Hawaii Volcanoes National Park
Get a close-up look at an active volcano
Born of violent underwater eruptions, and shaped by a million years of pounding waves, driving rain and occasional earthquakes, Big Island is the youngest and largest of the 1,500-mile-long Hawaiian archipelago (measuring 93 by 76 miles, it’s about the size of Connecticut). The island, a miracle of diversity, contains 11 of Earth’s 13 climate zones—from lush tropical rain forests to desolate, black lava deserts to arctic tundra. Its beaches offer white, black and even green shades of sand.
The island’s most prominent features are its five volcanoes; the largest, Mauna Kea, extends from sea level to 13,796 feet. View these primitive forces in the 330,000-acre Hawaii Volcanoes National Park, a journey back into the creation of Earth, where deep, smoldering calderas hiss, smoky black pit craters belch out sulphur fumes, multihued cinder cones provide the backdrop for miles of charcoal-coloured flows and lava tubes cut their way through the jungle-like prehistoric railway tunnels. Kilauea Volcano, the park’s biggest draw, has been spewing 2,000° F (1093 degrees Celsius) molten lava almost continuously since 1983. According to ancient legend, Pele, goddess of the volcano, searched the entire Hawaiian island chain before settling in Kilauea’s Halemaumau Crater, and today she continues to create land through daily eruptions.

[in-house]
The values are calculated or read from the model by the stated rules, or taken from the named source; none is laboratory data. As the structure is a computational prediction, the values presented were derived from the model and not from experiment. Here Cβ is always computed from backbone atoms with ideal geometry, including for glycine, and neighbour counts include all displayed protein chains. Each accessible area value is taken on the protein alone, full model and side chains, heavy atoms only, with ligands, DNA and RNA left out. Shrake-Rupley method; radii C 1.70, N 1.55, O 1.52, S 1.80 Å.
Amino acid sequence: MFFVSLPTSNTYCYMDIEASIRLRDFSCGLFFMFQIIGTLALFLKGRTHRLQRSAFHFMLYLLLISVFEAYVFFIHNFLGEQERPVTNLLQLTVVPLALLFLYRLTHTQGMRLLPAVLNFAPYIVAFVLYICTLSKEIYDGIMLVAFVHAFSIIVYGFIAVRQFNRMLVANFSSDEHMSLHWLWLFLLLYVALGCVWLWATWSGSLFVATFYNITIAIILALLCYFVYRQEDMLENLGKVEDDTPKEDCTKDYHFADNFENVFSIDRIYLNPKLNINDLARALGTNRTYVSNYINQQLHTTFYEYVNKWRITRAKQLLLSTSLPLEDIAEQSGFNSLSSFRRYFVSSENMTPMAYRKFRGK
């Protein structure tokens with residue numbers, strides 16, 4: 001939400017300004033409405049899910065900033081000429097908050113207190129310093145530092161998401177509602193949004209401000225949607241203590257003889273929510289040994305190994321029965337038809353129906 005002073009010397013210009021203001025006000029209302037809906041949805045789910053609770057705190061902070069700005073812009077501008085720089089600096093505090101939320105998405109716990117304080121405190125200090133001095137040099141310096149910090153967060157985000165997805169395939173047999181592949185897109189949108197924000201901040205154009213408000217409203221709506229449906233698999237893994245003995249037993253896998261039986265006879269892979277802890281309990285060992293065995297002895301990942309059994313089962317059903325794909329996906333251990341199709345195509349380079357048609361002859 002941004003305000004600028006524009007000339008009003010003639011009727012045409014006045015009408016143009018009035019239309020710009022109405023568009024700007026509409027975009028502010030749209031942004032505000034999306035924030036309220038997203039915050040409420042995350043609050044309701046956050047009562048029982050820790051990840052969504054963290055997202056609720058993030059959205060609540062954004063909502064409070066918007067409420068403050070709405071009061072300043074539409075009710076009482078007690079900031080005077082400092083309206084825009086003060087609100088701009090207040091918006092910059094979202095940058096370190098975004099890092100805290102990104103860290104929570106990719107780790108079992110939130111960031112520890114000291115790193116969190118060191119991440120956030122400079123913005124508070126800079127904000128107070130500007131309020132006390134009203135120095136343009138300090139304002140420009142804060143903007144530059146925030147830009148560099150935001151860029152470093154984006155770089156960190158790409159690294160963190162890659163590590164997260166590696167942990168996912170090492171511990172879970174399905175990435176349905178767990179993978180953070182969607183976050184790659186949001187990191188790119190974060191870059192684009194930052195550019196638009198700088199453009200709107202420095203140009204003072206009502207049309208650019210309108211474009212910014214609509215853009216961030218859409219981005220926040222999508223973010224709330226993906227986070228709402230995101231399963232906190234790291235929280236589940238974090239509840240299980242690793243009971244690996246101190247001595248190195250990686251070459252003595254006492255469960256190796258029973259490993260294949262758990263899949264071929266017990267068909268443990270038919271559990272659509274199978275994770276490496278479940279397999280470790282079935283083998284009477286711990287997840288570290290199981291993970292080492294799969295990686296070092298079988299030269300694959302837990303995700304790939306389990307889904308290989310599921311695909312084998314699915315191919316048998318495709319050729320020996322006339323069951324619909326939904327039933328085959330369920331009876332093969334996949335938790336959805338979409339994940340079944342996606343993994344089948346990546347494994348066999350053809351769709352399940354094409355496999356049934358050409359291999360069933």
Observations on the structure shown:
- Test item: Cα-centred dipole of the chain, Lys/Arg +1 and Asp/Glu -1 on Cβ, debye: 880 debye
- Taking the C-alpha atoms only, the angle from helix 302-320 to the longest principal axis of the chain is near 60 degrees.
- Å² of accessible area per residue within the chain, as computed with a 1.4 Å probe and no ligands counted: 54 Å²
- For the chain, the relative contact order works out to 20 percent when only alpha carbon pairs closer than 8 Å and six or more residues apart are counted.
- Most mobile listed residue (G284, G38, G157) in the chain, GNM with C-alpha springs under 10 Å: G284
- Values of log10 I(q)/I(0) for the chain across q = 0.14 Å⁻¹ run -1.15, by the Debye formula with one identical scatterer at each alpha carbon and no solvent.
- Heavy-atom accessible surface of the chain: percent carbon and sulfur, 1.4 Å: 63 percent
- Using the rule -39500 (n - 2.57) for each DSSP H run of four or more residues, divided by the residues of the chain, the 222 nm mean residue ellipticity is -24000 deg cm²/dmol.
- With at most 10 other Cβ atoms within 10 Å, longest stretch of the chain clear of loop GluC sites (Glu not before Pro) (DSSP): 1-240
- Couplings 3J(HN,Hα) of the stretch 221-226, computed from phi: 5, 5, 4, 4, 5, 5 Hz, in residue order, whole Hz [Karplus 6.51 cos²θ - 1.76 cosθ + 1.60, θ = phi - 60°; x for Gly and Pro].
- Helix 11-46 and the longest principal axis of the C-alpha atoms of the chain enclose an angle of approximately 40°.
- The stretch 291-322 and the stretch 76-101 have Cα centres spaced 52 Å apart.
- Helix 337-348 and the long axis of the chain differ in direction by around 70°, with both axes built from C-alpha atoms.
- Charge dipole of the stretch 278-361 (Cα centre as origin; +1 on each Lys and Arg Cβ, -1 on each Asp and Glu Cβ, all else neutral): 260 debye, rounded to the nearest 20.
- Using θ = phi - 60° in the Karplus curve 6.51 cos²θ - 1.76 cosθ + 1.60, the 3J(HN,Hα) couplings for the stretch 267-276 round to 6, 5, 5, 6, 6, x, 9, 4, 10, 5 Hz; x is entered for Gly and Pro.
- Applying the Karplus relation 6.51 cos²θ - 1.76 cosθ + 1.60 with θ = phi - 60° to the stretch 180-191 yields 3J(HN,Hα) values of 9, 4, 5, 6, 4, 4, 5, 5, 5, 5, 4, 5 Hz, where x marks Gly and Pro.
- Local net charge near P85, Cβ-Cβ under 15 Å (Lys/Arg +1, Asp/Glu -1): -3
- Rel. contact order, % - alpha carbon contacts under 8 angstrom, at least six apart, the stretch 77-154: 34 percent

From the Visitor Centre on the north rim, follow Crater Rim Drive, an 11-mile loop that circles the summit, traverses a desert and winds through a native rain forest. Sites along the way include Kilauea Caldera, a 2.5-mile-wide, 500-foot-deep pit; the Sulphur Banks and Steam Vents, where an active volcano emits trails of smoke and steam; and Pele’s home, Halemaumau Crater. Depending on volcanic activity, there may be opportunities for viewing active lava flows; check with rangers at the Visitor Centre about how and where. At night, the streaming lava glows like an incandescent ribbon on the flank of the mountain.